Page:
As life has changed it’s made me question some of my previous beliefs. Namely to pay off the mortgage first rather than invest like I’ve been doing. I think we’re still realistically 4-5 years out from FI so the real effects of extra $ towards the mortgage won’t make that big of an impact. Now if it would lower my monthly payment then I’d be all for it but since the payment stays the same whether I pay extra now or not I’m still leaning more towards investing my excess capital.

    • #12 by nicoleandmaggie on May 27, 2014 - 3:20 pm

      You can reamortize if you’ve been pre-paying and that will lower your monthly payments.

      • #13 by JC @ Passive-Income-Pursuit on May 27, 2014 - 3:26 pm

        There’s been no pre-payment yet because I didn’t really feel the need but I’m lacking investment ideas and my life situation has changed so there’s been a bit of thought creeping into my mind to swap to mortgage payoff in order to reduce our fixed monthly payments quicker. By re-amortize do you mean refinance or can you just re-amortize the loan at the rate that you have? I’d never heard of re-amortizing in that sense so that could make sense. Our payment isn’t cumbersome at all but that could be an option if we decide to pre-pay on the mortgage.

        • #14 by nicoleandmaggie on May 27, 2014 - 3:43 pm

          Also called “recasting” — for a small fee (usually a couple hundred dollars), you can draw out your payments to your original number of payments, cutting down the size of each payment (if you’ve pre-paid). It makes mortgage pre-payment a lot less risky– you don’t have that all-or-nothing thing going if you prepay (where you don’t realize any benefits until it’s gone). In an emergency you can lower your monthly payment using the amount you’ve prepaid. It’s less expensive than refinancing and, unlike refinancing, you can generally do it even if you lose income or get a lower credit score etc.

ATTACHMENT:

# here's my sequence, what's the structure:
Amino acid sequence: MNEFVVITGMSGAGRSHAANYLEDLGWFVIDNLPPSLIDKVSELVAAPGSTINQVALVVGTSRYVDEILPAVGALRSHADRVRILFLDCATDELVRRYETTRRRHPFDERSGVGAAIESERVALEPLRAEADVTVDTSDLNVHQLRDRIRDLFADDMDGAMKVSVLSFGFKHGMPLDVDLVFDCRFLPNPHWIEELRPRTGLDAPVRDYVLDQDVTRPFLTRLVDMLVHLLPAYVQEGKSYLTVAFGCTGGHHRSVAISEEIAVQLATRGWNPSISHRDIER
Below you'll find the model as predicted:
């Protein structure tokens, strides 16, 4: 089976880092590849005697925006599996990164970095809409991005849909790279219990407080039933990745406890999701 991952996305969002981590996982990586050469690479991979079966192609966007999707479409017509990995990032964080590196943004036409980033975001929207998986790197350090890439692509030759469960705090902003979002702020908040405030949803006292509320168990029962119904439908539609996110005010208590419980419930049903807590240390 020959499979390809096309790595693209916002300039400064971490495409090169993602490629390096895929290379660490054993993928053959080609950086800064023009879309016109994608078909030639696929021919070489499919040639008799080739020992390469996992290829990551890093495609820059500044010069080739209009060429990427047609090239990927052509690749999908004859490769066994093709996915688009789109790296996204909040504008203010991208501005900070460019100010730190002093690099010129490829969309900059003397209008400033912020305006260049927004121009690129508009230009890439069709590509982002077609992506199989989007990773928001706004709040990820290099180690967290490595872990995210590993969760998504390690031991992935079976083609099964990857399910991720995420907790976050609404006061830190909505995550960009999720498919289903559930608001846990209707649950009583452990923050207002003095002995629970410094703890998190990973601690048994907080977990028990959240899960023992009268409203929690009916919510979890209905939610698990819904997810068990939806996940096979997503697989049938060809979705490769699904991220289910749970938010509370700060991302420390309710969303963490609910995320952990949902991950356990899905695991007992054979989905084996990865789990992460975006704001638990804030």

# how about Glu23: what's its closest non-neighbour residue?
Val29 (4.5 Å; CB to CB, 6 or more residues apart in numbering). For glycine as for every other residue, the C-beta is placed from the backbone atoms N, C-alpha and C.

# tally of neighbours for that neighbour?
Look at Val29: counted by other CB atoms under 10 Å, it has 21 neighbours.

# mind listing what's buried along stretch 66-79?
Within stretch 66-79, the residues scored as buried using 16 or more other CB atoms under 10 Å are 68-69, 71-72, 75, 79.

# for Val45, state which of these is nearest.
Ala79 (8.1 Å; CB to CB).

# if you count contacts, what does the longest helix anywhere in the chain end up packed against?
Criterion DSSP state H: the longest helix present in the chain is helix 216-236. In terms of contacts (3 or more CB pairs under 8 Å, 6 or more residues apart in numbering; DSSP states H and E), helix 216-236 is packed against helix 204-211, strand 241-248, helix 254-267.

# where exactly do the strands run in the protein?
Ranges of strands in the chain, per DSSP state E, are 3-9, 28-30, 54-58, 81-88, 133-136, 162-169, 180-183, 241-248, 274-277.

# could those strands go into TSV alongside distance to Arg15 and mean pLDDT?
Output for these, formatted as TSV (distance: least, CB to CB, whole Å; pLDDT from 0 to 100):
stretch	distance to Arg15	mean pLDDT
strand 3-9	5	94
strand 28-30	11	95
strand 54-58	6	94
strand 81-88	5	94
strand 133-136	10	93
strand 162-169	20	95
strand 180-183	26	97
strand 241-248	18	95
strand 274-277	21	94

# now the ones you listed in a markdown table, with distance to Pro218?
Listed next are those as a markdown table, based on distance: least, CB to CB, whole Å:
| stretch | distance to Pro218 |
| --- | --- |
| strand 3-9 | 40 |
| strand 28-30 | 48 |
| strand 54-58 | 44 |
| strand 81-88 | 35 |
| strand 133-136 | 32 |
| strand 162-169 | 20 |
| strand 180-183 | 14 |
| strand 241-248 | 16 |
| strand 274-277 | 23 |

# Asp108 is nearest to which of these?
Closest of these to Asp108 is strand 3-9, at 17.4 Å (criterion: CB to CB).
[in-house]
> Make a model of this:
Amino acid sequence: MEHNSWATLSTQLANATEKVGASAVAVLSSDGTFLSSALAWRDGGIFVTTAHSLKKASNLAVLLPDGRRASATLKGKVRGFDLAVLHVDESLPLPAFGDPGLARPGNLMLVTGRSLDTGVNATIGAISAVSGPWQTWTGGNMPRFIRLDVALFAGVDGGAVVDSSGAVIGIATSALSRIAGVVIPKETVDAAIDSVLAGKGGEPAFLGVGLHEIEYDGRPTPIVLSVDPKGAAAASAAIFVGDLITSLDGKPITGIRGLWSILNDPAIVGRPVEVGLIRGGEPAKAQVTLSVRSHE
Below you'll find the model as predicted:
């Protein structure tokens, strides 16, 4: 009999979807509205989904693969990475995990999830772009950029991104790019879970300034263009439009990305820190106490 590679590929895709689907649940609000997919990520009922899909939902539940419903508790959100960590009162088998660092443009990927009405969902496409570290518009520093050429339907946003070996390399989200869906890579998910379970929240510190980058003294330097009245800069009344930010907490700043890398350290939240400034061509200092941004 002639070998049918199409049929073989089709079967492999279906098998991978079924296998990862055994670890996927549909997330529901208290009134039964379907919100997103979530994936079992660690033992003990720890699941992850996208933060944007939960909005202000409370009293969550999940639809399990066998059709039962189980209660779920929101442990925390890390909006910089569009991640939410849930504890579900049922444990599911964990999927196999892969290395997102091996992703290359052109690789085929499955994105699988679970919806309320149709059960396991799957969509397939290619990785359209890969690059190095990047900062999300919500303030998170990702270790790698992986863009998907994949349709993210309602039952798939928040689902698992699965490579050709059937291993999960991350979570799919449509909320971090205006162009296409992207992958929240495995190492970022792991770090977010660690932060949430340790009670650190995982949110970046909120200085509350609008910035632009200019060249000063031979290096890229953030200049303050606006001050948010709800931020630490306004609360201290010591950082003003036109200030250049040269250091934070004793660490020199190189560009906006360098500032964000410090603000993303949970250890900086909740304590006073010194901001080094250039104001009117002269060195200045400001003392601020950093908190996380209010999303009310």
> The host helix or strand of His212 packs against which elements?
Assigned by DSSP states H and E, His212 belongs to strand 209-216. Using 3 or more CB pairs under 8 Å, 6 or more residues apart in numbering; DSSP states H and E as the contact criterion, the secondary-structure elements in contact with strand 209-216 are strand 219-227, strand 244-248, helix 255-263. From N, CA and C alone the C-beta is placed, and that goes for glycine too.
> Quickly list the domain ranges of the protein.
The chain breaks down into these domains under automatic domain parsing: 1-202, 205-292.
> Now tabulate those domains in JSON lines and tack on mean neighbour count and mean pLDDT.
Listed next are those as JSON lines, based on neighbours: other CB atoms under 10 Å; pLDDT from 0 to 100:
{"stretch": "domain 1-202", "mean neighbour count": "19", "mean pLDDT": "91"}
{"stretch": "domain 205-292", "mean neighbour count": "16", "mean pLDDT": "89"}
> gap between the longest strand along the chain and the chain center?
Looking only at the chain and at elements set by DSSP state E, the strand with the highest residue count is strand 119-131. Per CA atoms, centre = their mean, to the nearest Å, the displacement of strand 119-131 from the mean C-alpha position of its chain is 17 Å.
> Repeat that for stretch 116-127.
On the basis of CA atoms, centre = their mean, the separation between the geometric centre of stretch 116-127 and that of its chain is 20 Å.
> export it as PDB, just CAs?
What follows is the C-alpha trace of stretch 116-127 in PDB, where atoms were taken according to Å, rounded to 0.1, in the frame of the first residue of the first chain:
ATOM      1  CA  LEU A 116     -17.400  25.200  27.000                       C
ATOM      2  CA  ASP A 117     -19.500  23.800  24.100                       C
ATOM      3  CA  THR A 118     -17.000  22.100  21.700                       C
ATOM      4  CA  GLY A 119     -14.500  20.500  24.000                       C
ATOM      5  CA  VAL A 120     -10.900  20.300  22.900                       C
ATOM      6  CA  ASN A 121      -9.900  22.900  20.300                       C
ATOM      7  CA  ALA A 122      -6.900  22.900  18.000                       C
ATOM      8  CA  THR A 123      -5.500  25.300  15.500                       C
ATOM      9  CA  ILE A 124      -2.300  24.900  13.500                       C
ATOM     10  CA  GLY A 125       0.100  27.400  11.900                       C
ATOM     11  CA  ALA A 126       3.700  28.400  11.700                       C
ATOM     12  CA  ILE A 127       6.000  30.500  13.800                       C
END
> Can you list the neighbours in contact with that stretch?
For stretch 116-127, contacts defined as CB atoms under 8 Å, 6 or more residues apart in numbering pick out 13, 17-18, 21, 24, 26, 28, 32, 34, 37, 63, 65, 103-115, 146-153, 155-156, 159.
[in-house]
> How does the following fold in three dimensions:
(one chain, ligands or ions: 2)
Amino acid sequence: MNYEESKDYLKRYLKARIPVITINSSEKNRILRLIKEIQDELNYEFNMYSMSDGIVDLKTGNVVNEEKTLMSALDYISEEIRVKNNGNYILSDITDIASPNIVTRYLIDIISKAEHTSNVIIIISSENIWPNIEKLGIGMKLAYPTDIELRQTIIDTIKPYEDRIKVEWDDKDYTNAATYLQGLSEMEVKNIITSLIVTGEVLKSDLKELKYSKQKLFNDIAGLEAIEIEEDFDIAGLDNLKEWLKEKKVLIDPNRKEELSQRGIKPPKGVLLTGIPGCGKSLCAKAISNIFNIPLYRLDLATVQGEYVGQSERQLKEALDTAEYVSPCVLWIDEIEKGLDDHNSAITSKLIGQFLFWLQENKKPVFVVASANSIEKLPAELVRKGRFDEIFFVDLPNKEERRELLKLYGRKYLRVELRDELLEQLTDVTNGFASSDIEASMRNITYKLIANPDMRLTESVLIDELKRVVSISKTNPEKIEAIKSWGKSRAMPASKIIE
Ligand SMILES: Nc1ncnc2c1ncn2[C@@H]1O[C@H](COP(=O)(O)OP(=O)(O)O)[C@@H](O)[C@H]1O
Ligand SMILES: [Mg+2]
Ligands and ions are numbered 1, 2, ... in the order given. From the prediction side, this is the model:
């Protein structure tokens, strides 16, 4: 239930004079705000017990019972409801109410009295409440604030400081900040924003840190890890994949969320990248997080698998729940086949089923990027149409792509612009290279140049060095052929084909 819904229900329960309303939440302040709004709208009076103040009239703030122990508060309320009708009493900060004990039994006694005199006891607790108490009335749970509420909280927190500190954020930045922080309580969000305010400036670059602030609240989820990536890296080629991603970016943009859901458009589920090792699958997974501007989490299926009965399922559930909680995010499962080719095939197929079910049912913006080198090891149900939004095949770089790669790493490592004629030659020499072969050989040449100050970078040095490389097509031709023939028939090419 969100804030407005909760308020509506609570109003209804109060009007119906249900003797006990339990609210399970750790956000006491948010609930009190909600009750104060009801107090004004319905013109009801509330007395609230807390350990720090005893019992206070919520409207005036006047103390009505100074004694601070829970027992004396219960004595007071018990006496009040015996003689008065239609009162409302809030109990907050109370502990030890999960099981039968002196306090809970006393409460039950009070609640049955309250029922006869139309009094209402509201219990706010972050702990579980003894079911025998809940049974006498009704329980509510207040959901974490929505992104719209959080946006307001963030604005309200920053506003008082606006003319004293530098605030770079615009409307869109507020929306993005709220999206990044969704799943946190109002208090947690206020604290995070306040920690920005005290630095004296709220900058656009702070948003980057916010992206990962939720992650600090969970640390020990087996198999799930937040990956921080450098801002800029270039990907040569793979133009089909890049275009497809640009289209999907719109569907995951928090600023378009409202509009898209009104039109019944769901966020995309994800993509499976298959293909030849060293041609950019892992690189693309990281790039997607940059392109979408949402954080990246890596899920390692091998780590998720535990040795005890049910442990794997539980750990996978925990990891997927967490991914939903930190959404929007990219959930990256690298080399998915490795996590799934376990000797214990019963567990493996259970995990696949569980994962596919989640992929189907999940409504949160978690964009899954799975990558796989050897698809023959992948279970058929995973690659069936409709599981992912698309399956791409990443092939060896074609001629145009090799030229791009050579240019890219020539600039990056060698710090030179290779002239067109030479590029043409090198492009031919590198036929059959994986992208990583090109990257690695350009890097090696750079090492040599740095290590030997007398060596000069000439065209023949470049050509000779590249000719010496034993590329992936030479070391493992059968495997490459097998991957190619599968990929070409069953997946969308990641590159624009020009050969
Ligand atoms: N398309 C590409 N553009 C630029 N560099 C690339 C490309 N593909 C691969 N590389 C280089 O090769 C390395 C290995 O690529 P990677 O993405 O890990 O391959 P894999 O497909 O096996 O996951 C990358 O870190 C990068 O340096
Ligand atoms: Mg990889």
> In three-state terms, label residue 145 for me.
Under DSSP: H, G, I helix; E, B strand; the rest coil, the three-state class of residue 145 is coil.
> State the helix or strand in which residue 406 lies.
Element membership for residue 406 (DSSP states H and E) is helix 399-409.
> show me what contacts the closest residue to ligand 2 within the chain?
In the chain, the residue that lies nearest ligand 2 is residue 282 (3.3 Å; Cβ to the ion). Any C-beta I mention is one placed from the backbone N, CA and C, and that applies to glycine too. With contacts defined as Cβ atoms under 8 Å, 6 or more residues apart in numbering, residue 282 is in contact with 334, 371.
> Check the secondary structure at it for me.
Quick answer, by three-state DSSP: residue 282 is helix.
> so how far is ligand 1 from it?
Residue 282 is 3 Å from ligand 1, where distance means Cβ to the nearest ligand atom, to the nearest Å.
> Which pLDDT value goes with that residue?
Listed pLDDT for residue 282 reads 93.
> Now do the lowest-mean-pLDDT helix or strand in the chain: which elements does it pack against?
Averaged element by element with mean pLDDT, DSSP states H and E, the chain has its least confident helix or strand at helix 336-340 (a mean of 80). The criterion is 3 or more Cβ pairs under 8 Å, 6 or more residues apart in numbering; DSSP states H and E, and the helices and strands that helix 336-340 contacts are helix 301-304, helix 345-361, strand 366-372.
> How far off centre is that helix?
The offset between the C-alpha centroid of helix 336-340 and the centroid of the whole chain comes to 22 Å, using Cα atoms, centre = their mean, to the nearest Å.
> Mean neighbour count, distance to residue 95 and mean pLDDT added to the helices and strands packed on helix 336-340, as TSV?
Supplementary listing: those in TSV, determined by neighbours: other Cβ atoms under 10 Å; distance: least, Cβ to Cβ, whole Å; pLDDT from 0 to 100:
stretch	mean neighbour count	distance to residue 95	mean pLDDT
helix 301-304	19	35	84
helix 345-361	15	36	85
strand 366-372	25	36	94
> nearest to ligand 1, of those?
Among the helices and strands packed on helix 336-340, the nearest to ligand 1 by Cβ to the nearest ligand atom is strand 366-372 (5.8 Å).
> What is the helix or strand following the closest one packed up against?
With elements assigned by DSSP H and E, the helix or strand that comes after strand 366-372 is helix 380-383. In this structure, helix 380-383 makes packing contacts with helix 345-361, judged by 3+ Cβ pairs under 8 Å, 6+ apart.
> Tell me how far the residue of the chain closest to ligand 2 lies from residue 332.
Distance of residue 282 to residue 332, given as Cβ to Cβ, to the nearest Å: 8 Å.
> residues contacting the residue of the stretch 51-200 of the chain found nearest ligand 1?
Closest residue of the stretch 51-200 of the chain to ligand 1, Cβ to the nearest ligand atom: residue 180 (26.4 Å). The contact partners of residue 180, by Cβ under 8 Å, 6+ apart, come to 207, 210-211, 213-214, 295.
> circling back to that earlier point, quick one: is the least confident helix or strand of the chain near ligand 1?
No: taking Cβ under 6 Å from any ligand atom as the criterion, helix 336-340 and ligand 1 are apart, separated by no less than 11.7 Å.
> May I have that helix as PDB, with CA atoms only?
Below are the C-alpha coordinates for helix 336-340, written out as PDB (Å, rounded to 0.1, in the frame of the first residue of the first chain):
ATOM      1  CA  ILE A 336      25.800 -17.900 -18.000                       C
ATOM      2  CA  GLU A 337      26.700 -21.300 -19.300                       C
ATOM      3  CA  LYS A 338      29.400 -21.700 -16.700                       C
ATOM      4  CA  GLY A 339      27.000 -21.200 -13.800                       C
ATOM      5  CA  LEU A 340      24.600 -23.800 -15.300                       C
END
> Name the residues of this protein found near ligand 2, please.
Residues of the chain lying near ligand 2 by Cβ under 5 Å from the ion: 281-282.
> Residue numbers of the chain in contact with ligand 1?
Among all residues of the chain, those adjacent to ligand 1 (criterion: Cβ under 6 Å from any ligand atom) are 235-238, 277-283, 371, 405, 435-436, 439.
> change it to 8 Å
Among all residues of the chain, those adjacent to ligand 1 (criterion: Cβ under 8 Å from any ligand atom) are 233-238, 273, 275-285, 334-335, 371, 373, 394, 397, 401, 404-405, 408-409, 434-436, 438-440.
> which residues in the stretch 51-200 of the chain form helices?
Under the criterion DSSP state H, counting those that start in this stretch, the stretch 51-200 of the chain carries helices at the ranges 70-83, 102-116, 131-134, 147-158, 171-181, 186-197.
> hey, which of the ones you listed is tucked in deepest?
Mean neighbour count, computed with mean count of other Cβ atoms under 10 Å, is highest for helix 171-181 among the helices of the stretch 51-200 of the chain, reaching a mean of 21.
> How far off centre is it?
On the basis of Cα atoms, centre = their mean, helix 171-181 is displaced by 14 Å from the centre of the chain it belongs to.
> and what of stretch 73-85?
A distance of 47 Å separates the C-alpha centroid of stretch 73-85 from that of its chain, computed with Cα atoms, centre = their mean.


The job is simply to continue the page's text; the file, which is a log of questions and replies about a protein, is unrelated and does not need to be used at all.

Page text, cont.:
http://nicoleandmaggie.wordpress.com/2012/11/05/november-mortgage-update-under-100k-and-playing-with-amortization/

        • #15 by Leigh on May 27, 2014 - 7:28 pm

          Recasting would cut my payment down to $700/month or so I think right now. My credit union actually lets you recast for free, but my current lender charges you $200. I would only recast in a cash flow crunch since it doesn’t save interest, just reduces cash flow. It helps with peace of mind a bit when you’re throwing large chunks at the mortgage.

  5. #16 by John Pham on May 31, 2014 - 10:39 pm

    I also had to rethink my mortgage plan just recently. I was adding extra principal on both my rental and personal properties, but had a change of heart. I decided since my interest rate is low (3.5% for Personal & 4.5% for Rental), I can invest my money in the stock market and can probably get a better return. The personal property I own, I actually bought it for my mother since she wanted it. I don’t intend on staying in the house, but I am currently working oversea and still have not seen the house yet and I have bought it almost 2 years ago. So I did not want to tie up all my money in the personal property.